Has telecommuting killed the office? Every day, more and more employees are taking advantage of modern telecommunications technology to make working from home a reality.
Has telecommuting killed the office? Every day, more and more employees are taking advantage of modern telecommunications technology to make working from home a reality. And many employees and employees alike believe telecommuting will boost productivity and drastically improve work-life balance, and that the office will soon be a relic of the past.
But humans are social animals who work best in groups, not just online but in person. While telecommuting is definitely convenient and easy to implement, companies that rely too much on a remote workforce miss out on some key benefits a shared workspace provides. Telecommuting has its drawbacks as well, so a savvy HR lead understands when to let employees work from home and when to call people back to the office.
Is the Office Obsolete?
Remote workers are usually happier and healthier, and boosters of the telecommuting trend will claim working from home raises efficiency (though the numbers on this remain inconclusive). Even if we concede that remote employees are more efficient in terms of productivity, telecommuting still raises concerns about employee investment.
Without a chance to immerse themselves in company culture, workers lose any connection to the company’s goals and become “adjunct employees” who produce work in a vacuum and lack any real connection to their coworkers, and thus cannot truly collaborate. And while improved health and happiness alone are absolutely worth allowing everyone some degree of remote work time, the benefits of a dedicated communal workspace mean some sort of compromise is in order.
Mix It Up
It is best to avoid thinking of telecommuting as an inevitable replacement for office coworking, and to treat it instead like another tool to motivate and empower employees. In today’s competitive environment, refusing to offer any opportunity to work from home is simply withholding a benefit your prospective employees can always find elsewhere.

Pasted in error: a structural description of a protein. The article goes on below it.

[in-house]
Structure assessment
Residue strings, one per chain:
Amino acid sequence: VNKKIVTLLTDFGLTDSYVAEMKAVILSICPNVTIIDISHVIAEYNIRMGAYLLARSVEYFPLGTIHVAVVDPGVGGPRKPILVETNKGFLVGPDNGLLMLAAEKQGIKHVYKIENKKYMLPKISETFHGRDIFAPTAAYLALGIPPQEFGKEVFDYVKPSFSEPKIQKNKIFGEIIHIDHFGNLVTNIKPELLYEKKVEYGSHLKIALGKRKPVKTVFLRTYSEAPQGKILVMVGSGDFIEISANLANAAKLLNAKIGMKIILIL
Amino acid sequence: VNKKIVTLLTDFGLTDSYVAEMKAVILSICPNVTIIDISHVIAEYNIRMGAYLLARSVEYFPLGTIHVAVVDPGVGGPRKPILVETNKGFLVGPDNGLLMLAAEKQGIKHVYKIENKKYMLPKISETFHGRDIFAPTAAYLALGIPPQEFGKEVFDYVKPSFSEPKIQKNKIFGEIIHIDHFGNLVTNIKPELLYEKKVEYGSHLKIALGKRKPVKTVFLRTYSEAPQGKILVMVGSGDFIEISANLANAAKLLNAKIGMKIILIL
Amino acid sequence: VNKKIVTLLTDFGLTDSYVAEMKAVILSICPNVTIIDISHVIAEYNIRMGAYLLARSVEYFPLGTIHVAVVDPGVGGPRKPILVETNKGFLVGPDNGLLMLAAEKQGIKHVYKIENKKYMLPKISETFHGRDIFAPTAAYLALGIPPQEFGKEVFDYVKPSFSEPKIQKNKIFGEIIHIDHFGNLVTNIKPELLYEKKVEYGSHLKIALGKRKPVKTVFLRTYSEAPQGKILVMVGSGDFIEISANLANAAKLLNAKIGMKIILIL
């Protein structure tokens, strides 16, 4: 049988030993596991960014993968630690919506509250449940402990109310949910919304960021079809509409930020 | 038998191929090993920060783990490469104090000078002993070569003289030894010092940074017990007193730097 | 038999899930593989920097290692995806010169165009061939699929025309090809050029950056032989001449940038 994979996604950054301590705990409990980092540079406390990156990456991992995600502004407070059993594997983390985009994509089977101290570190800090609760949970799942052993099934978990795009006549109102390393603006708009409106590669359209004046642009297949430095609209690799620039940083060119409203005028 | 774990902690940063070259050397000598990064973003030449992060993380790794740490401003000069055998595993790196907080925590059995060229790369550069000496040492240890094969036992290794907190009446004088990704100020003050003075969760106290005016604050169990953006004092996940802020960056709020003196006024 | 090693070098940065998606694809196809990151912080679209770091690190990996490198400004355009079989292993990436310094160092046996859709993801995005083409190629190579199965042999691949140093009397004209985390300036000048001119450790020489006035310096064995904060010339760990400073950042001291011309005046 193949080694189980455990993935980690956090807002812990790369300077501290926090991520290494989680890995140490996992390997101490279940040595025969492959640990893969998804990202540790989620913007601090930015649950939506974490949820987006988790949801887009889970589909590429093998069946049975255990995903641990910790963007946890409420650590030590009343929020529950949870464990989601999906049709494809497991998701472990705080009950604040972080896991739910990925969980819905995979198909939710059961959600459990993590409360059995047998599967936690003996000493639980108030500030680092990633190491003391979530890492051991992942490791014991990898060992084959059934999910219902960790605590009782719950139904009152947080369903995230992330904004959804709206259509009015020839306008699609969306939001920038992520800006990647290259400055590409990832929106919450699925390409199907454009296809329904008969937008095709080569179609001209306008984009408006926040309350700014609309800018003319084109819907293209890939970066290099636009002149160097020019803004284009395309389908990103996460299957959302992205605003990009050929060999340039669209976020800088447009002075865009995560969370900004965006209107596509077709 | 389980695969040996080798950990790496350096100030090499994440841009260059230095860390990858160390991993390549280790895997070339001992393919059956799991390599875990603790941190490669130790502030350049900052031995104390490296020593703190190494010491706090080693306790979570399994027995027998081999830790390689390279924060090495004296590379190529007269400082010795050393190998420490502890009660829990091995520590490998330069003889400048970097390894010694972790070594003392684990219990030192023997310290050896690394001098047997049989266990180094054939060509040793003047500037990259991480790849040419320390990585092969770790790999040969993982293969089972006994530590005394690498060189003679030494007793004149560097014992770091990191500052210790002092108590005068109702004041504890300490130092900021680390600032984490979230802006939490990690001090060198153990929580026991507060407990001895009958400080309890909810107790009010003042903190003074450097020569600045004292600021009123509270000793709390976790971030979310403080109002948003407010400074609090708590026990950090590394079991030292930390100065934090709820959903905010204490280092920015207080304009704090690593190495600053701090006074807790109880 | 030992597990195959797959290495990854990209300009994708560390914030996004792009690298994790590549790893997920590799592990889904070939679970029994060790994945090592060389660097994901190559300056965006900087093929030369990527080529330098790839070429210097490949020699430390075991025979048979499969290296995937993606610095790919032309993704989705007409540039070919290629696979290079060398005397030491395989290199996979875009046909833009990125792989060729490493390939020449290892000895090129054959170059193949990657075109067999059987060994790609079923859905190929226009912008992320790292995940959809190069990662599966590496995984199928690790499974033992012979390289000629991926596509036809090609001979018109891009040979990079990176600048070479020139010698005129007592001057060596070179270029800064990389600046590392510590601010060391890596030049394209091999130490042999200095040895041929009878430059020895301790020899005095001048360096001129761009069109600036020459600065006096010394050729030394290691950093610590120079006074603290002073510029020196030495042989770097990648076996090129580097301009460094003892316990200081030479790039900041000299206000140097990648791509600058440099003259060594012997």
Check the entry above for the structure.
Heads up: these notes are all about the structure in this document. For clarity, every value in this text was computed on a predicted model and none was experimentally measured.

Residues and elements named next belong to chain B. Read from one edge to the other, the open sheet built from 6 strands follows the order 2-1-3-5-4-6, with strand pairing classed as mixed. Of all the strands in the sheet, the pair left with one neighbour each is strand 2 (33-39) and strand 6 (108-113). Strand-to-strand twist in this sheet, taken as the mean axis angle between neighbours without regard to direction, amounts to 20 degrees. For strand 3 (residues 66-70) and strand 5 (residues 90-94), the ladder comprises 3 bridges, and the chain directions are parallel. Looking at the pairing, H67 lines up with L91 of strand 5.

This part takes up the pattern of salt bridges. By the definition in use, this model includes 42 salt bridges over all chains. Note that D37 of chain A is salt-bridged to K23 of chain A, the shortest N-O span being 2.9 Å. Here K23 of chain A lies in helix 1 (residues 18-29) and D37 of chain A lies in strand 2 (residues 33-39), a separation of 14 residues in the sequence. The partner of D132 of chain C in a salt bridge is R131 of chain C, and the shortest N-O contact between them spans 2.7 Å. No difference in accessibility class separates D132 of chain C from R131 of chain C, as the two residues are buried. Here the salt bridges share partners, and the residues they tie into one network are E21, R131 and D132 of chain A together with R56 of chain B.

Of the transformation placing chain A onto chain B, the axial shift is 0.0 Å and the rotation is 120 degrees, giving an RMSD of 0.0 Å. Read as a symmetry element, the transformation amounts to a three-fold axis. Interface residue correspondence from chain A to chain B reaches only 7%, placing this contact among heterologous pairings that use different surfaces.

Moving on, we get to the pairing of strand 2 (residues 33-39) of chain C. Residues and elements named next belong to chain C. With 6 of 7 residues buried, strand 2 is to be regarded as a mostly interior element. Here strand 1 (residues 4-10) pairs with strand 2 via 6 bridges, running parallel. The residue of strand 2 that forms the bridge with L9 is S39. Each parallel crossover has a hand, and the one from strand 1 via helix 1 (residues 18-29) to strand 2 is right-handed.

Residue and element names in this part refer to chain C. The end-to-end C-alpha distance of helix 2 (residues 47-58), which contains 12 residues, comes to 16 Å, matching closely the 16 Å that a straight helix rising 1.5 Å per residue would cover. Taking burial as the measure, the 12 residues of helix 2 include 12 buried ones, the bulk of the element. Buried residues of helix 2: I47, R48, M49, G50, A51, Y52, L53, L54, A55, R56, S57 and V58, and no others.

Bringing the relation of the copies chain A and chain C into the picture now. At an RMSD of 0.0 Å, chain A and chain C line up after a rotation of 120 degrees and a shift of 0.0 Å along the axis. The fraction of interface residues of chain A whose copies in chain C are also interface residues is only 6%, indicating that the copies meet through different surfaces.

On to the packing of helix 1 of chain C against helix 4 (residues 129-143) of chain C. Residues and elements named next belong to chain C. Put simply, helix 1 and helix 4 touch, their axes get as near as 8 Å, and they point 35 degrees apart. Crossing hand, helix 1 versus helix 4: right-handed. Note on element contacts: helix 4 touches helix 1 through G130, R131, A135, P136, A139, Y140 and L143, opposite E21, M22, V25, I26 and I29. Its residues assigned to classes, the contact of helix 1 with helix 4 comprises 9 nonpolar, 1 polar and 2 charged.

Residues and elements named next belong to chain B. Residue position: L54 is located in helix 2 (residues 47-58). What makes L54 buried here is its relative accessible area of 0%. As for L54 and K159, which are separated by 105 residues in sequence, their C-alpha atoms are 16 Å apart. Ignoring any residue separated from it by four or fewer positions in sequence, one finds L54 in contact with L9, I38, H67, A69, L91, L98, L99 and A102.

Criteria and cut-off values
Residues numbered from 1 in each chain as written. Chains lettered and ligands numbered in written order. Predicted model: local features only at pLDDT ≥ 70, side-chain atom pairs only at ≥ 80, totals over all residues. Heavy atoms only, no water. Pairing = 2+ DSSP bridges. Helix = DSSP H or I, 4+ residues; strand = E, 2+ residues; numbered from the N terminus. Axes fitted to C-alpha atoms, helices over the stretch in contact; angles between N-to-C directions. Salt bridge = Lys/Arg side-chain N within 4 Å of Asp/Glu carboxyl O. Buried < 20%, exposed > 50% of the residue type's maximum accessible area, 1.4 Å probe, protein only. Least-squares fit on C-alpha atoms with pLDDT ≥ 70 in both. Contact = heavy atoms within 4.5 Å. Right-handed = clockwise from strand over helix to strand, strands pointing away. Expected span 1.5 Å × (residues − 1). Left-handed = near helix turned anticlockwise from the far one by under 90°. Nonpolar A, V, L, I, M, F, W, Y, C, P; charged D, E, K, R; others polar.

But if full-time telecommuting is one extreme, and mandatory nine-to-five office stays are the other, then a flexible schedule is the best of both worlds. Employees with a flexible schedule can experience both the camaraderie, socialization, and collaboration of an office and the relaxed and focused home office environment as they like, gaining both improved work-life balance and a chance to steep themselves in company culture, all while feeling empowered to make their own choices.
Finding the Right Fit
There is no one-size-fits-all solution when dealing with individual employees. Leaders should tailor each worker’s schedule to suit both that person’s role and their capabilities. When discussing a potential schedule, take into consideration the individual’s job function and availability, as well as how much collaboration they really need before allocating remote working hours. The employee should set their own schedule, but within parameters set by their leader. Remember that telecommuting is an earned benefit, and employees who cannot meet a certain standard of performance may have to reduce their hours working from home.
By mixing the home office with the office-office, employees keep themselves in touch with company culture and remain visible to their leaders, ensuring chances at upward mobility with the company. Employers gain a happier and more productive workforce where individuals are free to determine their own schedule without sacrificing a sense of connection to their coworkers and corporate structure. As with any great new idea, the key with telecommuting is to merge the old with the new to synthesize a solution that benefits everyone.
(By Shantanu Ghosh, Managing Director and VP of Rocket Software’s Centers of Excellence (CoE), India and China)